Black liquor conbustion in Karft Recovery Boiler-Numerical Modelling

by Fakhrai, Reza

Abstract (Summary)
Black liquor is a by-product, which results from digestion of wood chip in alkaline pulping processes. After the evaporation process the solid in black liquor increases up to 80% and it is combustible. Black liquor is conventionally burned in a large unit called Kraft recovery boiler, for the dual purposes of energy production and recovery of the pulping chemicals. Kraft recovery boiler model in the present context refers to the numerical simulation for solving partial differential equations governing the characteristics phenomenon in a Kraft recovery furnace. The model provides an analytical tool and it is best appreciated when the numerical simulations and the measurement techniques are linked to the real industrial problem and the industry that used it. The purpose of this study was to enhance the understanding of the processes involved in a Kraft recovery furnace through mathematical modelling and to keep the code in state-of-art. It is essential to consider the path of every drop in the cavity of a Kraft recovery furnace. In this process the liquor may accumulate on the walls and depending on the gravity or the flow pattern at the wall it periodically sloughs off and falls to the bed. As new components in the general framework of the Kraft recovery boiler model, the interaction of burning drops and walls in a recovery boiler considering the above mentioned was modelled. The importance of a bed model and its effect on the predicted temperature in the furnace cavity was examined. The heterogeneous conditions in a Kraft recovery furnace with significant local variation of concentration of constituent gas components and temperature level/gradient could affect NO production rate. The NOx model developed in this work considers the NO formation from fuel NO and prompt NO. It is assumed that the fuel nitrogen in black liquor is released either via devolatilization or char combustion. Further work focussed on estimation of the temperature level near/on the bed based on the mass distribution on the char bed. The model was also used to examine the effects of changes in black liquor properties (used in Kraft recovery furnace model) namely effect of the swelling and solid content versus the Kraft recovery furnace performance. The results illuminate also the potential of numerical modelling method as a promising tool to deal with the complicated combustion processes even for practical application in the industry.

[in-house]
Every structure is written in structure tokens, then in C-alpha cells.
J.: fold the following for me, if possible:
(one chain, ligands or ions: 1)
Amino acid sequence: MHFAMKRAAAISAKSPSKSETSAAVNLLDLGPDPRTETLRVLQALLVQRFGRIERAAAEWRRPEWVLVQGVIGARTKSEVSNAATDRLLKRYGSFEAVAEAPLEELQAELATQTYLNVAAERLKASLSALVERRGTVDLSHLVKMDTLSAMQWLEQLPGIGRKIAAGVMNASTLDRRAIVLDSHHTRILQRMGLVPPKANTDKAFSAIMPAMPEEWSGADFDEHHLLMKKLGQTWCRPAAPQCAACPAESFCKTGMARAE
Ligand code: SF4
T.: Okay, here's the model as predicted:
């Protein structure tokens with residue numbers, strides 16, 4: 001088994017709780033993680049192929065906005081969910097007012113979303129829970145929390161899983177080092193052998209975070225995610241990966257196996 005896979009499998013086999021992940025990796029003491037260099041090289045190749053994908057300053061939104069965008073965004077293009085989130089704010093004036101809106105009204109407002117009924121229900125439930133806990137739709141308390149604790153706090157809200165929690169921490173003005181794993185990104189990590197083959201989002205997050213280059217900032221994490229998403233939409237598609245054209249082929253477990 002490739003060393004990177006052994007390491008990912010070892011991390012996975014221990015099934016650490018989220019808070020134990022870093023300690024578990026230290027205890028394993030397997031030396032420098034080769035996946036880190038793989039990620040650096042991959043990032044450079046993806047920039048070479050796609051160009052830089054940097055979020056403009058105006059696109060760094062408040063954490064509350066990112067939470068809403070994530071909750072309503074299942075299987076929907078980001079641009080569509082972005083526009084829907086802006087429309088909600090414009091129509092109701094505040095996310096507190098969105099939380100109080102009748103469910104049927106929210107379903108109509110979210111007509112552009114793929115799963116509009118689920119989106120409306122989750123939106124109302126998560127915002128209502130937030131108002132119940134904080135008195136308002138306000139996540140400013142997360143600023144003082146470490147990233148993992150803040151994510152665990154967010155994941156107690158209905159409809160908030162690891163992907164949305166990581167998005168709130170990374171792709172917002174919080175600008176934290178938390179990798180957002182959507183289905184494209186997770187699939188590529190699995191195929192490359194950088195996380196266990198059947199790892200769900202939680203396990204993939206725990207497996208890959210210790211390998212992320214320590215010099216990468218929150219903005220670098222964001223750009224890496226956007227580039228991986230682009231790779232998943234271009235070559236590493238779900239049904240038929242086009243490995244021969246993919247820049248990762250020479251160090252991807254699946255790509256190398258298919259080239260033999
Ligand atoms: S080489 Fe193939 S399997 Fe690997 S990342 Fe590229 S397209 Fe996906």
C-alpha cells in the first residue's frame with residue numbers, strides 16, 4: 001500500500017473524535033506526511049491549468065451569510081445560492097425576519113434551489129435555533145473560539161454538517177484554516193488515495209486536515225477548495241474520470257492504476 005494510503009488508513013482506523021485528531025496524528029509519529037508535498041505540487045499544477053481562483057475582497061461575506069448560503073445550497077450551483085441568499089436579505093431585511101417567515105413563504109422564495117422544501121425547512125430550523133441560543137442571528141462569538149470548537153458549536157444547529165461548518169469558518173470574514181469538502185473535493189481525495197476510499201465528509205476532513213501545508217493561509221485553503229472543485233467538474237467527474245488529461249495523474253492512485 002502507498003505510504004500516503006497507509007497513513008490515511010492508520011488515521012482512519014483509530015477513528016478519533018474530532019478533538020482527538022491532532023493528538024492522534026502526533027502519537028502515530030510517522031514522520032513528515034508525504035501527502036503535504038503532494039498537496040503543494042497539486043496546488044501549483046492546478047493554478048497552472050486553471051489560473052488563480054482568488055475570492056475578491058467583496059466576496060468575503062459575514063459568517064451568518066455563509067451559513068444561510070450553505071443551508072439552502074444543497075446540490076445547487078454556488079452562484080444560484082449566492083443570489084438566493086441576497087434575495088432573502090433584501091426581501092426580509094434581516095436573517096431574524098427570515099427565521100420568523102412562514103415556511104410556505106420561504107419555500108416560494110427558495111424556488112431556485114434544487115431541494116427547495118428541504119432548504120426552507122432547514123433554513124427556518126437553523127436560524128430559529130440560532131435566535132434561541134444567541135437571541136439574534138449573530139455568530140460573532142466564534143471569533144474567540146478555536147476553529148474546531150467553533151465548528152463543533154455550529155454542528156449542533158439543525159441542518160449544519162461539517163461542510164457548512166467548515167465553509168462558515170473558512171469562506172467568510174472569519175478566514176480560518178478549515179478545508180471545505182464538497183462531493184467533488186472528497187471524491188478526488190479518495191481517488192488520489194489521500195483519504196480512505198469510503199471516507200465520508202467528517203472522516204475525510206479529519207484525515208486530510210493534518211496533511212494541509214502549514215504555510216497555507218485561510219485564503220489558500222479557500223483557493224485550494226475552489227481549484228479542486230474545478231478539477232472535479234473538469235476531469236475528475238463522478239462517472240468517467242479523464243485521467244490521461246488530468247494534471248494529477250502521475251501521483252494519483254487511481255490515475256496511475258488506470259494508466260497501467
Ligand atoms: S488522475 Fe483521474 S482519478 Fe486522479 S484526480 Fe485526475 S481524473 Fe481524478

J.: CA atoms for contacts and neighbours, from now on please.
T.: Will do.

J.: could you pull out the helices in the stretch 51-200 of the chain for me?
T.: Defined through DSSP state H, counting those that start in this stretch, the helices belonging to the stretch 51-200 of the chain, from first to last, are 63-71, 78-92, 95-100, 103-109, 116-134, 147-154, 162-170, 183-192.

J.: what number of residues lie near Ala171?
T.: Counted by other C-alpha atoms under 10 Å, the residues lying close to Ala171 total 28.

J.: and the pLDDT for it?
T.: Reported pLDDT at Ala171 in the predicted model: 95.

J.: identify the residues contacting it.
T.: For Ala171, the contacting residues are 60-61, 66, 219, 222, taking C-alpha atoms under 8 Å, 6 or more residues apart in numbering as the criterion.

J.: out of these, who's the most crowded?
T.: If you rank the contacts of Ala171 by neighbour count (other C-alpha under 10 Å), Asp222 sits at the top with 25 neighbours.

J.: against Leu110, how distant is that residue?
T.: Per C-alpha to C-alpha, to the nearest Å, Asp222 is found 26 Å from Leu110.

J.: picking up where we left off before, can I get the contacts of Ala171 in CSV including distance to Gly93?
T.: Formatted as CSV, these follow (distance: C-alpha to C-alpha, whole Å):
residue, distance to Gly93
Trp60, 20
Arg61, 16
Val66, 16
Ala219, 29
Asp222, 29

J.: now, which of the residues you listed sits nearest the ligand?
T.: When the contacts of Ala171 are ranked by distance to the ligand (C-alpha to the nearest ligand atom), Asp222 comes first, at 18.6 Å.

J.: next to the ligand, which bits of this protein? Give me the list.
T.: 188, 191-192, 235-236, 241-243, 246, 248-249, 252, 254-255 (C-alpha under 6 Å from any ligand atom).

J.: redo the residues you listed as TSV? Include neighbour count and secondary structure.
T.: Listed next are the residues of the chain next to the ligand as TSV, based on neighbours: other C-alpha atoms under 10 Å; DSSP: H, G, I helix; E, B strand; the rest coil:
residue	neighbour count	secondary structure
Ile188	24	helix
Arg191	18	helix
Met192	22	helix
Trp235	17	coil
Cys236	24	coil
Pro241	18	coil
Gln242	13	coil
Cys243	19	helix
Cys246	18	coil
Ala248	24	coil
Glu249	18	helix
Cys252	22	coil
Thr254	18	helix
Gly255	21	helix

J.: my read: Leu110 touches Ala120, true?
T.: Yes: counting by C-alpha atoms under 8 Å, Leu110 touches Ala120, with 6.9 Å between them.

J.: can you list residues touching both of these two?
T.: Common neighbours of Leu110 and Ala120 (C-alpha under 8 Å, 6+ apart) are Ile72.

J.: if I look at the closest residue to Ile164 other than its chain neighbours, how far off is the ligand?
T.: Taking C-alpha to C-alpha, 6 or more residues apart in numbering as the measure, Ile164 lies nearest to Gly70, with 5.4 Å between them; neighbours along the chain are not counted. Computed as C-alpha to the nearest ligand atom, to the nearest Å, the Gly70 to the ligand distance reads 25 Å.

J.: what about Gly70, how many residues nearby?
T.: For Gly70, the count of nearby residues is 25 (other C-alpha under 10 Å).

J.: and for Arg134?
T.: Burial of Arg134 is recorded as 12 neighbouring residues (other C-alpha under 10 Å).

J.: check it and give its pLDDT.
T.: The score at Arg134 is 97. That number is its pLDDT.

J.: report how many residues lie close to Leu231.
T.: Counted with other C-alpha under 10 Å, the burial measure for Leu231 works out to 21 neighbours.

Bibliographical Information:


School:Kungliga Tekniska högskolan

School Location:Sweden

Source Type:Doctoral Dissertation

Keywords:recovery boiler; CFD; combustion,


Date of Publication:01/01/2002

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